The most common sign of an anal sac problem is “scooting,” or rubbing the butt along the ground or floor, which can leave behind a small, smelly stain. Dogs often also lick, chew, or bite at the anal area to try to relieve the itch and irritation. Swollen, infected sacs can eventually rupture, oozing bloody pus through a hole underneath and to one side of the anus.
Your veterinarian will insert a gloved finger into the anus to determine if the anal sacs are enlarged. He or she will often be able to express the sacs by applying gentle pressure to “milk” the contents through the normal opening in the skin. The anal sacs need to be expressed regularly in many dogs to prevent the contents from becoming impacted, leading to infection. In some cases, a small tube may need to be inserted into the opening in the skin to remove any obstruction and flush out thickened material. In cases of severe or repeated obstructions, your vet may recommend surgery to remove the glands. Surgery provides a permanent solution but is associated with a slight risk of fecal incontinence from injury to the nerves or muscles around the anus.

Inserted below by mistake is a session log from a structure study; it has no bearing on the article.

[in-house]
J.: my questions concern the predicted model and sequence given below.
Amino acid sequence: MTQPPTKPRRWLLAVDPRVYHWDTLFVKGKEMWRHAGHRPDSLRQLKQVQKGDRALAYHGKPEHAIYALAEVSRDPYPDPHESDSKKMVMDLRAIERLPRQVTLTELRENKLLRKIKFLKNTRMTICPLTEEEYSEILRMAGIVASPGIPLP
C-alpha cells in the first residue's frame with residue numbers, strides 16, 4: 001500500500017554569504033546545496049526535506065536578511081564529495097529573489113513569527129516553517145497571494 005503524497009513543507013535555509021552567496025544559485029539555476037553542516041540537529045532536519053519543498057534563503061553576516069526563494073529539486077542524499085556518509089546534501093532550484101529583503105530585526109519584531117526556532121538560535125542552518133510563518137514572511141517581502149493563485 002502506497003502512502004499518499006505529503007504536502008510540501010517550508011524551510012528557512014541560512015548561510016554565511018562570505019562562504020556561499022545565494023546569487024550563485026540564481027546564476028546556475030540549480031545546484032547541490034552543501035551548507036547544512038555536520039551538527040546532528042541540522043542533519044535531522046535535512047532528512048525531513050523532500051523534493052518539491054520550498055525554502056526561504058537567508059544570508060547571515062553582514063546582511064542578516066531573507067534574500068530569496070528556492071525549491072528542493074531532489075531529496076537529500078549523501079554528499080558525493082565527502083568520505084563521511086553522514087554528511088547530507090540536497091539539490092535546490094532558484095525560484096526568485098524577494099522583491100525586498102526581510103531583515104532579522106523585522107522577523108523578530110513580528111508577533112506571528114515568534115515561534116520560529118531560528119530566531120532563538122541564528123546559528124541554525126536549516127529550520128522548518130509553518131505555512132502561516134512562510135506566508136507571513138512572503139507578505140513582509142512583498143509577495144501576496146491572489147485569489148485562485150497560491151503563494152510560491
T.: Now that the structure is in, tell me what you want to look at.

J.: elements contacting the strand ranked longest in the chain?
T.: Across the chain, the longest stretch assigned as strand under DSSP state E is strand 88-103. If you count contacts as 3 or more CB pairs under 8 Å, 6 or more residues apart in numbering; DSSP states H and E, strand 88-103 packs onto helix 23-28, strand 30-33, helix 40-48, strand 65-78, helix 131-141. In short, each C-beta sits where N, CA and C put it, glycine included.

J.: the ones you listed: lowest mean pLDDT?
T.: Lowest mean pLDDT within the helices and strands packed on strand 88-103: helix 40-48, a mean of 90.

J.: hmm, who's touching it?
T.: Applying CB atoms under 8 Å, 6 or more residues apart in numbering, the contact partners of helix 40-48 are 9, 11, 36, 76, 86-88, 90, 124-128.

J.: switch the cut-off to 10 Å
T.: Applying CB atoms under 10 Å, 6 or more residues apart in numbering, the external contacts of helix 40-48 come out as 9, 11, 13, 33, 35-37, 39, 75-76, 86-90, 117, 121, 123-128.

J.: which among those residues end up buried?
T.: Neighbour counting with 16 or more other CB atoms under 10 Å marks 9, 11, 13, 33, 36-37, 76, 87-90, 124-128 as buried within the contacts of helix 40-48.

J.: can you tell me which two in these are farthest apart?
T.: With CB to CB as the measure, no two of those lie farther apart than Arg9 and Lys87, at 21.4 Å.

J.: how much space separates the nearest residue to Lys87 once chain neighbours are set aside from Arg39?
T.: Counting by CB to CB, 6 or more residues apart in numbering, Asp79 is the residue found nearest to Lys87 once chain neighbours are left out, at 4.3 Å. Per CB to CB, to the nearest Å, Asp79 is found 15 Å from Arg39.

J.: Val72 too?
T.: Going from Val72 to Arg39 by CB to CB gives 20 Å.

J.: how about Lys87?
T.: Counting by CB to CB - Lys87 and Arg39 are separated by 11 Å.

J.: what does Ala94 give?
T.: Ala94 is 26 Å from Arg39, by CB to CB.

If you're interested in learning how to express anal glands yourself, you should discuss the proper technique and potential complications with your veterinarian first.